My New Topographics
The San Francisco Museum of Modern Art writes, “A turning point in the history of photography, the 1975 exhibition New Topographics signaled a radical shift away from traditional depictions of landscape. Pictures of transcendent natural vistas gave way to unromanticized views of stark industrial landscapes, suburban sprawl, and everyday scenes not usually given a second glance.” Photographers such as Robert Adams, Stephen Shore and others are known for their photographs of a “man-altered landscape.”
I have always loved these types of rather deadpan photographs but have never known way I am drawn to them. Recently I spent some time at the Salton Sea. It had been many years since I was there and I realized that having grown up in Southern California, I have been immersed in these types of scenes without thinking about them - landscapes that have been changed by humanity with our cars, constructions, signs, roads and abodes, with almost with no escape from them. I found myself automatically drawn to these “minor” landscapes and the inescapable human element that marks them so strongly. I found both humor and a quirkiness there that I relish. But also was aware of an underlying layer of sadness about them - the fact that the desert is forever changed by our heavy hand.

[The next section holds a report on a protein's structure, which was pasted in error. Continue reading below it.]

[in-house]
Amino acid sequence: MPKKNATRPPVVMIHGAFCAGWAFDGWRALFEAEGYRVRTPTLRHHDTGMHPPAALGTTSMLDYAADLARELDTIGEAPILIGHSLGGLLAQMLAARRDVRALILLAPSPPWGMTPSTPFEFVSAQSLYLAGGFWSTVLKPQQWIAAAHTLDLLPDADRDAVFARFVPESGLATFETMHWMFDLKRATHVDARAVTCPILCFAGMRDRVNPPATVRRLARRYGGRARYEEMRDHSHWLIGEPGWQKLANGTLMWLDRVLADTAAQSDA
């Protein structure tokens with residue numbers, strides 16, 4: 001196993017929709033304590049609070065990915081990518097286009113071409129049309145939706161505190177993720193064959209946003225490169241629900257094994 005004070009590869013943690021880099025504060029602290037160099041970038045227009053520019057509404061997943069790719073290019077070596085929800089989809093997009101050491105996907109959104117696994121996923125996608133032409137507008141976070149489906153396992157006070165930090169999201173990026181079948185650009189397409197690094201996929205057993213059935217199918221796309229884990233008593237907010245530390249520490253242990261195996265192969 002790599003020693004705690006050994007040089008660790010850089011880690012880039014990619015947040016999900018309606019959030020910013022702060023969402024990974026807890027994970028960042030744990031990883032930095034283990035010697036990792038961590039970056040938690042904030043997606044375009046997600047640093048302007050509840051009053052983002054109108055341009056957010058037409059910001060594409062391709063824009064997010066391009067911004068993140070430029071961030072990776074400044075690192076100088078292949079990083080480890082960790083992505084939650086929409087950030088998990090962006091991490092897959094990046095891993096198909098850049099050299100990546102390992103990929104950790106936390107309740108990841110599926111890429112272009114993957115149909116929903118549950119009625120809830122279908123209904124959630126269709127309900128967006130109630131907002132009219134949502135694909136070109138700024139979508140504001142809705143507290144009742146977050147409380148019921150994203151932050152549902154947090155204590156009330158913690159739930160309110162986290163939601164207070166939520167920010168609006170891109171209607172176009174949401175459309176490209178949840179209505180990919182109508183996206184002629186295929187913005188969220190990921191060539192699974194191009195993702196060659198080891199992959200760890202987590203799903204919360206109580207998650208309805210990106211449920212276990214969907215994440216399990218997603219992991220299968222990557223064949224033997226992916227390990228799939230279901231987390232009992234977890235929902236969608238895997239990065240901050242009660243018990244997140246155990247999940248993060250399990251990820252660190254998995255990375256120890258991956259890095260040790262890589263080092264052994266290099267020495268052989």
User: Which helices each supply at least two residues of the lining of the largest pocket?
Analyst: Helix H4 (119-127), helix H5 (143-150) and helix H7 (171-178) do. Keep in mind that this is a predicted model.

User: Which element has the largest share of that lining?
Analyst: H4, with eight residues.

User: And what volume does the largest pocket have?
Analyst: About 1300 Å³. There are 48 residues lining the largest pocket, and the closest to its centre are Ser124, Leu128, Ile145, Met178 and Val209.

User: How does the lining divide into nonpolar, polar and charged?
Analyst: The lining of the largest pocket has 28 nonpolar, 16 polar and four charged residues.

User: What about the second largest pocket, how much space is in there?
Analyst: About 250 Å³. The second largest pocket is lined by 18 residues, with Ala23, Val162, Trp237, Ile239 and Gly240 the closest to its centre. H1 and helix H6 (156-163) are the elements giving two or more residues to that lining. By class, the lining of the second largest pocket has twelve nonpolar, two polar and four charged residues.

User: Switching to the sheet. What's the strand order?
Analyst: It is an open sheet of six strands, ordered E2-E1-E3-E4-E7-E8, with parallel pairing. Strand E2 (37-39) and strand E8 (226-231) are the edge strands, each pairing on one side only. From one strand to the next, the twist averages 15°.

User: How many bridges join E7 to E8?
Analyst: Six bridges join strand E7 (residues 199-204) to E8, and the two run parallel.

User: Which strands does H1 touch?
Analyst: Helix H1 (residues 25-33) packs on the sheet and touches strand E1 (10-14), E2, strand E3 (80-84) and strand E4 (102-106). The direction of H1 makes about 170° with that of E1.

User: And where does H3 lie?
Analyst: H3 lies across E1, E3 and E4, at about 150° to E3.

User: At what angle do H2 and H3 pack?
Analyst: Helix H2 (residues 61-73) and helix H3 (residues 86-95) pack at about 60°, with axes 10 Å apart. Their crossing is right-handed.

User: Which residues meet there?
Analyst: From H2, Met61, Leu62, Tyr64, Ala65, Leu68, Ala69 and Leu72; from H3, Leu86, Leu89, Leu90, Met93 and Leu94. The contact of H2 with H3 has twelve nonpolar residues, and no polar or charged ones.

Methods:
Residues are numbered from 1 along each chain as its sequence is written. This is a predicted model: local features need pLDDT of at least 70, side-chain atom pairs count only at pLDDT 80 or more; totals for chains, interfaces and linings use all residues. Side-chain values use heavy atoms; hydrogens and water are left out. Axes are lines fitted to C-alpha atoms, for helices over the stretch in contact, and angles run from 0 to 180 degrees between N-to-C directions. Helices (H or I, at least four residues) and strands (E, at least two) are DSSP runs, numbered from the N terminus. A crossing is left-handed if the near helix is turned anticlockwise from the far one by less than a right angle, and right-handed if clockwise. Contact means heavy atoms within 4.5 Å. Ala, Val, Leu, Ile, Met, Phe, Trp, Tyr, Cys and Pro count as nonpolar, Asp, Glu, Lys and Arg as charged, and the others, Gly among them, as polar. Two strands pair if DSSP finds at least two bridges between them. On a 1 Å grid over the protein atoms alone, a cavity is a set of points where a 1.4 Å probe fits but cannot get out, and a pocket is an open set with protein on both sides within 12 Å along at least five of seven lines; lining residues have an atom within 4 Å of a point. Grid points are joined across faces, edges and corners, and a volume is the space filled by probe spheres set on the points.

Jodie Hulden 2023
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